How to Grow Hibiscus
By: Julie Day
Tropical hibiscus makes a great summer container plant.
The large, colorful blossoms of Hibiscus (Hibiscus sp.) create an eye-catching display during summer, attracting hummingbirds and butterflies and providing the look of a tropical paradise, no matter what the variety. Hibiscus plants are members of the Mallow family, and there are many different species that are used in gardening, agriculture, and manufacturing.
To grow hibiscus in your home garden, it’s important to know the three main types of plants:
- Tropical hibiscus
- Hardy perennial hibiscus
- Hardy shrub hibiscus
Here are some tips for growing and caring for all three.
With its sturdy shape and colorful blossoms, tropical hibiscus (Hibiscus rosa-sinensis) is a popular choice for container plants and tropical gardens. It grows as a small shrub or tree, with stiff woody stems and thick, glossy, dark green leaves.
Blossoms are usually 3”- 6” in diameter and come in many different colors and varieties including red, orange, yellow, salmon-pink, multicolored, and even double blossoms.
How to Grow Tropical Hibiscus
- Climate: Can be grown year round in zones 9-10 but will not survive frost or heavy freeze. Cooler zones (8 and lower) usually grow it as an annual, or in containers that can be brought indoors during cold weather.
- Light: Full sun.
- Soil: Rich and well-draining. Container-grown plants are often grown in a soilless potting medium to prevent compaction. Keep moist, but don’t let it stand in water.
- Fertilizer: Tropical hibiscus blooms on new growth, so it benefits from regular feeding with a balanced, organic, liquid fertilizer.
- Flowers: Blooms spring through fall, but flowering may slow in the heat of midsummer.
To keep your tropical hibiscus over the winter, bring it indoors before night temperatures fall into the 40s F. Keep in a cool, bright spot (55°-70° F). Reduce, but don’t discontinue, watering. Your plant may lose some leaves as it adjusts to the change.
A few weeks before moving outdoors in the spring, give your hibiscus a rather heavy pruning – shortening leggy stems and removing rubbing branches. Remove the top couple of inches of soil and replace with fresh compost. Add some organic fertilizer, and your plant will be well on its way to a spring growth spurt!
Some varieties of tropical hibiscus overwinter better than others. If yours doesn’t bloom well the second year, you may want to consider replacing it.
Hardy Perennial Hibiscus
If you look at your local garden center for winter-hardy hibiscus, chances are you’ll find the enormous dinner-plate-sized blossoms of Hibiscus moscheutos. Commonly called Rose Mallow or Swamp Mallow, this plant is an herbaceous perennial, which means it will die completely back to the ground in the winter then sprout anew in the spring.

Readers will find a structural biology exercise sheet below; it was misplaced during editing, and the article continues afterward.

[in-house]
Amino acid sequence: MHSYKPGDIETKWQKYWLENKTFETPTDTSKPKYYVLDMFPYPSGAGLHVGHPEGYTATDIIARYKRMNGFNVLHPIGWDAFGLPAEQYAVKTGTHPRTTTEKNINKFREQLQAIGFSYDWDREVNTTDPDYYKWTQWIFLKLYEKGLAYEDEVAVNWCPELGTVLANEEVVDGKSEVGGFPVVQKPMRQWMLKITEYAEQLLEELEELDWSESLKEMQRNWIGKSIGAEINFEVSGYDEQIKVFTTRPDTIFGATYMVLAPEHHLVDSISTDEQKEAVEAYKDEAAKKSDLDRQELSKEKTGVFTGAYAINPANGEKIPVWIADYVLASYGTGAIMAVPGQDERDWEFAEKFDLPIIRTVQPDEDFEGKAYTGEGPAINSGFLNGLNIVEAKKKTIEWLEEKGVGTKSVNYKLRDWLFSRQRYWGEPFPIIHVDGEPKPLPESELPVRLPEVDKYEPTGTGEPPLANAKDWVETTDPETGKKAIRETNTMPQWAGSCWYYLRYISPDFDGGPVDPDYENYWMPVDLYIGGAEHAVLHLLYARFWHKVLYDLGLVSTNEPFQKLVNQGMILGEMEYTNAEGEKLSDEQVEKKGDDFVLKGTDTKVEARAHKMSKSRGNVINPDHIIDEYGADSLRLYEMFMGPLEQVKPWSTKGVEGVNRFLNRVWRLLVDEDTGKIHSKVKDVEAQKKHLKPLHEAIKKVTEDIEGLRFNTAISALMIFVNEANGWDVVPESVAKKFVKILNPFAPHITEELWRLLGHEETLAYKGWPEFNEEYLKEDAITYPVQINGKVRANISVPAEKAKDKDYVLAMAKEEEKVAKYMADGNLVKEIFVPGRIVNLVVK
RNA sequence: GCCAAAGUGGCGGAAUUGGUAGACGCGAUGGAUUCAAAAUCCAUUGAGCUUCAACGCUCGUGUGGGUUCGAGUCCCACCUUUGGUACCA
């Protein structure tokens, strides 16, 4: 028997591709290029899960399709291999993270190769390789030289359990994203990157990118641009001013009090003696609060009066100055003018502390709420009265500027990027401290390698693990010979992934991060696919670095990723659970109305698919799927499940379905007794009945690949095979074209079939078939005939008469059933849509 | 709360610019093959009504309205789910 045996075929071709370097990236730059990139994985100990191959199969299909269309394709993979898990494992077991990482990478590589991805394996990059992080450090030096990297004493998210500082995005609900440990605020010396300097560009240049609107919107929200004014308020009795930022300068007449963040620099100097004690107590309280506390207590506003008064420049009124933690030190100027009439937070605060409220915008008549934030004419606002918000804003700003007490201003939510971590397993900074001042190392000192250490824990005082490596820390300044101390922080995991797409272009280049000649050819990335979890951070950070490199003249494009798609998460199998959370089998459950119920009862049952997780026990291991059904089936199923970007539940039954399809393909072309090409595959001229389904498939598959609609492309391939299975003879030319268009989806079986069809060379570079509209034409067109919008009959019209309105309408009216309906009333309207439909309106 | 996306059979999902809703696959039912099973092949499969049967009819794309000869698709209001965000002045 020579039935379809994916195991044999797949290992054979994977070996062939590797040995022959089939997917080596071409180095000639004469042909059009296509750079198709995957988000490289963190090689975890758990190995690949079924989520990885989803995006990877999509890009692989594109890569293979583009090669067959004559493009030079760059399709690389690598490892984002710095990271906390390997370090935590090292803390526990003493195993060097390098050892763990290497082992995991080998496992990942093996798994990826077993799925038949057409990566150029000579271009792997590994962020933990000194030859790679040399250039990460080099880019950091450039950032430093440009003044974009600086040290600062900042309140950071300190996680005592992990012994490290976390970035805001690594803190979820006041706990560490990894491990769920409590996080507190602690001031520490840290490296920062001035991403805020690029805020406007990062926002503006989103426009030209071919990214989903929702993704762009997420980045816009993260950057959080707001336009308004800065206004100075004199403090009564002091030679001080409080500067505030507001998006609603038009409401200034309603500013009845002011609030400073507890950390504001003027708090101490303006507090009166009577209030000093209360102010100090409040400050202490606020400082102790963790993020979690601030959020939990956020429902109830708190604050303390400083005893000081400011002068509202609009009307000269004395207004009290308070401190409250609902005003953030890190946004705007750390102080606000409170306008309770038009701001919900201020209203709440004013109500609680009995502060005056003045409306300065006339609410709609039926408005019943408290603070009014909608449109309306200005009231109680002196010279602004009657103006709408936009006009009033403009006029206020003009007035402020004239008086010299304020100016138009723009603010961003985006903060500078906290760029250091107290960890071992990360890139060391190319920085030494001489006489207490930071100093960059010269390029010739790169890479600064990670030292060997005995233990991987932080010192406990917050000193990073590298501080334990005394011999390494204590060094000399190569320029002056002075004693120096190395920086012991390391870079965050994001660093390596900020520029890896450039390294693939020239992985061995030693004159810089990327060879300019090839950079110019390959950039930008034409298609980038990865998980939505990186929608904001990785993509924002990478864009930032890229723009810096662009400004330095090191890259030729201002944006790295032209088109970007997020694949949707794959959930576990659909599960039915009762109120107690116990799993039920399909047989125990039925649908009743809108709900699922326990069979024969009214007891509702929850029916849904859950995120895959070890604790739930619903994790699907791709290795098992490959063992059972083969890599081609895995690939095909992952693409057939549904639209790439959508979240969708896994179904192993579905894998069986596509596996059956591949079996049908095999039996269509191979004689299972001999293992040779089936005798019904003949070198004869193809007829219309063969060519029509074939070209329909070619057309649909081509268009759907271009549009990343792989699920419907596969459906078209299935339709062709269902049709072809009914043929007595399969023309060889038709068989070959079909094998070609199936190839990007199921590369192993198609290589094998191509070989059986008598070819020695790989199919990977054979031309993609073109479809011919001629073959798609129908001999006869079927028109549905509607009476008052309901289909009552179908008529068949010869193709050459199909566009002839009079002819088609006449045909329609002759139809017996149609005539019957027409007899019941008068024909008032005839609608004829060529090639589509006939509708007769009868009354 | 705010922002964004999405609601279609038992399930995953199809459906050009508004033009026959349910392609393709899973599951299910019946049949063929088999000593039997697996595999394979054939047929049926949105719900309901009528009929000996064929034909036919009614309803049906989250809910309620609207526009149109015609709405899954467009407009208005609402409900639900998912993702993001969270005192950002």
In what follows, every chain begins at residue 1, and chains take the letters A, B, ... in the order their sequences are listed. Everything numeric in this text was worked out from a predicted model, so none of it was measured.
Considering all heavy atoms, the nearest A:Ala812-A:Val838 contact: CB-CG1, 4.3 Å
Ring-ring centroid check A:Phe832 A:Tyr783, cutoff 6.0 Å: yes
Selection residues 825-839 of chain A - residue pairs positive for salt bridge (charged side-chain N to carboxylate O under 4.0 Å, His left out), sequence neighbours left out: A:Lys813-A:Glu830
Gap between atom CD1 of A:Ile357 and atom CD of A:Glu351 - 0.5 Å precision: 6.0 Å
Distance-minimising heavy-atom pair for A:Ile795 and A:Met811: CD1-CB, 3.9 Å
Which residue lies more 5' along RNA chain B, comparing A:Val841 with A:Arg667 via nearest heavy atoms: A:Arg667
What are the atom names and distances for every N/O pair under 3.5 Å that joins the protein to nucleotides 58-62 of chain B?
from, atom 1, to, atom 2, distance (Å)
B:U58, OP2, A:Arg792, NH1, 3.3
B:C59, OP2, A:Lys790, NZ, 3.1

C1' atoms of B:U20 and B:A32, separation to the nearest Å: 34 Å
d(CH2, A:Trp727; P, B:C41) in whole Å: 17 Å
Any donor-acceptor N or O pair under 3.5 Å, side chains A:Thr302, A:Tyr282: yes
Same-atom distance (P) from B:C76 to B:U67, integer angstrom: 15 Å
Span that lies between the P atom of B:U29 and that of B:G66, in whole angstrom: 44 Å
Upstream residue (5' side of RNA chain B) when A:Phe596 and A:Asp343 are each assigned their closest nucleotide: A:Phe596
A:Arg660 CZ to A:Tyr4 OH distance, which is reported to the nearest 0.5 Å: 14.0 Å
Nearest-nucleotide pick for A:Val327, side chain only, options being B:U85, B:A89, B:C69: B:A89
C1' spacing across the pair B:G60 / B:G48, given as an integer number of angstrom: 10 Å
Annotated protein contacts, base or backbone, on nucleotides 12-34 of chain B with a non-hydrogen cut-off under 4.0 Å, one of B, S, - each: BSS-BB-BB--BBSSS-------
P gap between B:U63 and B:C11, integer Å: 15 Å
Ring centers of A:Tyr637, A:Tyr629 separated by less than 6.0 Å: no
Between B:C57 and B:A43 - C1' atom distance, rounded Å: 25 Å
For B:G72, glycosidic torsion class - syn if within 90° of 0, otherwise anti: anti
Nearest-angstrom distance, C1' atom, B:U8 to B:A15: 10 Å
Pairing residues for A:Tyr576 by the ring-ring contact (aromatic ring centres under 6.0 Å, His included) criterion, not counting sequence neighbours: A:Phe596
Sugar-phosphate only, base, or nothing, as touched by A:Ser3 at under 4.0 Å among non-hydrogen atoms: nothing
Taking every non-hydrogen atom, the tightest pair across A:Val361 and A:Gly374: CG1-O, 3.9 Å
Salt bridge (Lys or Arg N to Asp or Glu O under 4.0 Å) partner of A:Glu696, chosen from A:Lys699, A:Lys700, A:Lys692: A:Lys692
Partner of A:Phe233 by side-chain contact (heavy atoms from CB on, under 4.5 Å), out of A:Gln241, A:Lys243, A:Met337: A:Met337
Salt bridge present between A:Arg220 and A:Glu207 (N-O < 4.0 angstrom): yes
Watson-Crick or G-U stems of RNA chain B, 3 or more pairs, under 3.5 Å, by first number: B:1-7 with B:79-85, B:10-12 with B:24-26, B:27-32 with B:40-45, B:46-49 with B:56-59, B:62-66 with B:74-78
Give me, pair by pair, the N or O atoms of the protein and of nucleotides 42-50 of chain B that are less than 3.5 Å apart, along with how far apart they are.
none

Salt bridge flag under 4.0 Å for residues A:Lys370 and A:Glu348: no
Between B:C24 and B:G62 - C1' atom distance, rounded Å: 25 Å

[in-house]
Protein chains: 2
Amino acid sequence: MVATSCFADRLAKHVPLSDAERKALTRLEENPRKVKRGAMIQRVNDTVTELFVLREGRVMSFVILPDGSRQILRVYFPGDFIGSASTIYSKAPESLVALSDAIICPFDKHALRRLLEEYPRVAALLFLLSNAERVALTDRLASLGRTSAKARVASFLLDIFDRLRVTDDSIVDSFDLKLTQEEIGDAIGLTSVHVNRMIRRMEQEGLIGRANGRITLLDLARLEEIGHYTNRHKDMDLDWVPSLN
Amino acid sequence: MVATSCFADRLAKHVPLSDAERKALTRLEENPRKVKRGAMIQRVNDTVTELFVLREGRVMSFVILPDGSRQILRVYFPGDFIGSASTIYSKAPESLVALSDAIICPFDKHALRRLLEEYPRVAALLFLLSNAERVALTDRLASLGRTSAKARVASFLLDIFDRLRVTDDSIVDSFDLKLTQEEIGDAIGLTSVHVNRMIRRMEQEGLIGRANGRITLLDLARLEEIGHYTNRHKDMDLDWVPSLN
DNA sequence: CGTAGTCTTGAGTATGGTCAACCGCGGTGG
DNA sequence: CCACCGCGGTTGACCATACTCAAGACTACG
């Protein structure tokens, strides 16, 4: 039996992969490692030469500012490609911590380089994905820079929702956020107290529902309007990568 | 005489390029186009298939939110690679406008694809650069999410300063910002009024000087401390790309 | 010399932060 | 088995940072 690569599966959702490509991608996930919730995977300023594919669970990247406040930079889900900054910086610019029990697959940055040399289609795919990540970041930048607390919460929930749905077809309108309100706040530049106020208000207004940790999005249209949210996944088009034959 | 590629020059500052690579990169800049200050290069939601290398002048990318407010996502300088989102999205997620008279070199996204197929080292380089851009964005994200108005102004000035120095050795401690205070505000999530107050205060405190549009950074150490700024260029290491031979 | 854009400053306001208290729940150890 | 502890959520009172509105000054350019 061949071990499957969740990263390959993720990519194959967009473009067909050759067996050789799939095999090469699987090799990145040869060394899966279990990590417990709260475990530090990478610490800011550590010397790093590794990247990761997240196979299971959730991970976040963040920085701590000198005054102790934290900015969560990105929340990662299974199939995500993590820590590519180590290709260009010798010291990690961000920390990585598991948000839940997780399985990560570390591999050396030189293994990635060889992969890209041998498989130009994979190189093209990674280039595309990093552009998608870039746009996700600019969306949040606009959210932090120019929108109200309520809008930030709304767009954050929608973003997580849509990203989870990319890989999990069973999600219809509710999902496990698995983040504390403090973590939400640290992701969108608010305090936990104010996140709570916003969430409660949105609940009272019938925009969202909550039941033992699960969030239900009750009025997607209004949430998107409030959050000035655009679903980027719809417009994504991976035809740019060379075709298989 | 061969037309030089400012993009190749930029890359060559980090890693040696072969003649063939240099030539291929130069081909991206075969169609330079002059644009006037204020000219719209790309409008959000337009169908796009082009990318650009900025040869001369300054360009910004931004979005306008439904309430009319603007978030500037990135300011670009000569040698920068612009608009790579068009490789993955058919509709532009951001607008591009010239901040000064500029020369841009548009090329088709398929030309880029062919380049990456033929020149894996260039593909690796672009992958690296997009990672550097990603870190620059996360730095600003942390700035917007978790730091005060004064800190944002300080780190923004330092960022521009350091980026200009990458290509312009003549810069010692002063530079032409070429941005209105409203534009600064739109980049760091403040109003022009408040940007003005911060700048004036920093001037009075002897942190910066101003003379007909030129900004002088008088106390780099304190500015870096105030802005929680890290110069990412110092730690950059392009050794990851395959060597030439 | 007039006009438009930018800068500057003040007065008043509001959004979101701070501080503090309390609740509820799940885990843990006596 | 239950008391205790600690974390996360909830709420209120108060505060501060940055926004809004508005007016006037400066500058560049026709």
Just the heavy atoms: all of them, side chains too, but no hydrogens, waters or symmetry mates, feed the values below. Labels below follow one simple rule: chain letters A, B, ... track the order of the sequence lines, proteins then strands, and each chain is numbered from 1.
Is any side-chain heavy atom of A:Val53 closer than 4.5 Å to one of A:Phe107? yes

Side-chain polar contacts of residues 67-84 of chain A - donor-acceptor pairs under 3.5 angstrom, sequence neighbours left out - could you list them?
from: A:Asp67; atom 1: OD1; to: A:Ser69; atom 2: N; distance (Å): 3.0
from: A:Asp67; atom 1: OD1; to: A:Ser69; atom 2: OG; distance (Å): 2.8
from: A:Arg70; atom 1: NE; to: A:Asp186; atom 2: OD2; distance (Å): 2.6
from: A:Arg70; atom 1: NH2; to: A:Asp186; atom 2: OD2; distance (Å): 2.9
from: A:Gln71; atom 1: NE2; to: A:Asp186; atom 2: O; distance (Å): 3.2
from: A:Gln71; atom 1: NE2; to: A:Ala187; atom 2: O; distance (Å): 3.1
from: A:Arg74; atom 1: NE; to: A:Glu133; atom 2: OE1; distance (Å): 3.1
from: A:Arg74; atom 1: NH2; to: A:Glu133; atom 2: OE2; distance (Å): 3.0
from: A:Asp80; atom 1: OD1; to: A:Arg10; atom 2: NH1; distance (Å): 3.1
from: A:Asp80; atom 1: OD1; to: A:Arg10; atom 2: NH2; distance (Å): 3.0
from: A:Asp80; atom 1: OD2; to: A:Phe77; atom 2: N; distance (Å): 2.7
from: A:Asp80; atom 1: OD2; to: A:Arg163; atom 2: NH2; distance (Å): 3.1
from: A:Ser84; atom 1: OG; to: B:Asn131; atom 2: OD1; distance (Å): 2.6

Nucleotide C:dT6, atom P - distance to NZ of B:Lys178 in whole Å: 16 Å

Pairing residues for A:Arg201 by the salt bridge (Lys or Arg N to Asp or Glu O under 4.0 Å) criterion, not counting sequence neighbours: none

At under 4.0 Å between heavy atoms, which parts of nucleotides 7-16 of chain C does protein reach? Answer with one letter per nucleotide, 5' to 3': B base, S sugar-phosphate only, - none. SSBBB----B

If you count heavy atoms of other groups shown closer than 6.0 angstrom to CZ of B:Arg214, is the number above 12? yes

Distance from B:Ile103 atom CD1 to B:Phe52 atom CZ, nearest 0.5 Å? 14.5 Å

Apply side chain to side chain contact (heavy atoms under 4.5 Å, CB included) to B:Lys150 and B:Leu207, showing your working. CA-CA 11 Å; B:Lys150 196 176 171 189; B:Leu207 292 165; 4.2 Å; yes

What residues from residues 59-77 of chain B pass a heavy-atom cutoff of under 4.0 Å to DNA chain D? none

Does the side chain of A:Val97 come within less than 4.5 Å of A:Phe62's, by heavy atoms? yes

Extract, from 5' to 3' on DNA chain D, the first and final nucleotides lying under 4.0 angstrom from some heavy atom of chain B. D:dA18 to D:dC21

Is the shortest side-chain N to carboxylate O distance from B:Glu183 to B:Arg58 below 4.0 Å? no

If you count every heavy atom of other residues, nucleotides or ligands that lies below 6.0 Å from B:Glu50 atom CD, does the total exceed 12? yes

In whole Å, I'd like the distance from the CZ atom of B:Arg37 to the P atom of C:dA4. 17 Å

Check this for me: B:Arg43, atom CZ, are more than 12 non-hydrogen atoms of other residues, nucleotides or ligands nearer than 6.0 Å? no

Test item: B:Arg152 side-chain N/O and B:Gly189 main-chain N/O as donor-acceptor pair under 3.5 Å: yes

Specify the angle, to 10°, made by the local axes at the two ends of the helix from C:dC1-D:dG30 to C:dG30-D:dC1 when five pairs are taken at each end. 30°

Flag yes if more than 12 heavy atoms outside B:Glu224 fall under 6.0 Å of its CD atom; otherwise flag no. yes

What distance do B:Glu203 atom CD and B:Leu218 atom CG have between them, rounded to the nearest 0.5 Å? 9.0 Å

Compared to tropical hibiscus, the stems and heart-shaped leaves of hardy hibiscus are much softer, dull green, and tender. Blossoms are usually flat and large and the texture of tissue paper. They are available in colors of red, pink, and white.
How to Grow Hardy Perennial Hibiscus
- Climate: Hardy to Zone 4. Does not transplant very well, so choose your location carefully.
- Light: Full Sun.
- Soil: Well-draining and rich. Loves water and should remain moist in summer. Grows naturally near ditches and swamps. During the winter, however, the roots should not be soggy. Add mulch to hold in moisture and prevent damage from late spring frosts.
- Fertilizer: Hardy hibiscus is a heavy feeder. Organic fertilizers with plenty of phosphorus will encourage blooms.
- Flowers: Blooms in July and August. Each flower is short-lived, but there are plenty more to come.
In the fall or late winter, cut back the dead stems of hardy hibiscus to near ground level. Compared to other perennials, this plant can be a little late to sprout in the spring, but by midsummer it will be sprawling several feet high. Stake long stems if needed.
In addition to Hibiscus moscheutos, other perennial hibiscus species include the slender petals of Scarlet Hibiscus (Hibiscus coccineus) and the ruffled pink blossoms of Confederate Rose (Hibiscus mutabilis). If you live near water, try growing the marsh-loving Giant Rose Mallow (Hibiscus grandiflora).
Hardy Hibiscus Shrubs: Althea or Rose of Sharon
Last, but certainly not least, we come to the larger shrubs and trees known more commonly as Althea or Rose-of-Sharon (Hibiscus syriacus). These carefree plants brighten up any landscape and are a must-have for hummingbird and butterfly gardens. The blooms are smaller than its tropical cousin, but it has a sustained, prolific bloom period in mid to late summer.
Hibiscus syriacus is a deciduous shrub or small tree, growing up to 10 feet tall and wide, with dark green foliage and flowers in shades of pink, blue, lavender, and white.
How to Grow Hardy Hibiscus Shrubs
- Climate: Grown in zones 5-9. Used as a border or specimen shrub. Loses its leaves in winter. Upright shape, fairly dense, with a coarse texture.
- Light: Full sun, with a little afternoon shade in hotter climates.
- Soil: Rich and well-draining, although it’s pretty adaptable to a range of growing conditions.
- Fertilizer: Average water and nutrient needs. Generally carefree.
- Flowers: A rapid grower that can be pruned heavily in the early spring to encourage larger blossoms. May self-seed and sprout around the base.
- How to Grow Swamp Hibiscus (article)
- Problem with Tropical Hibiscus Leaves Turning Yellow (article)
- How to Spruce Up a Summer Garden with Tropical Plants (article)
The website floridata.com has excellent specific growing instructions for many varieties of hardy hibiscus including:
More information about the many varieties of tropical hibiscus can be found at www.trop-hibiscus.com.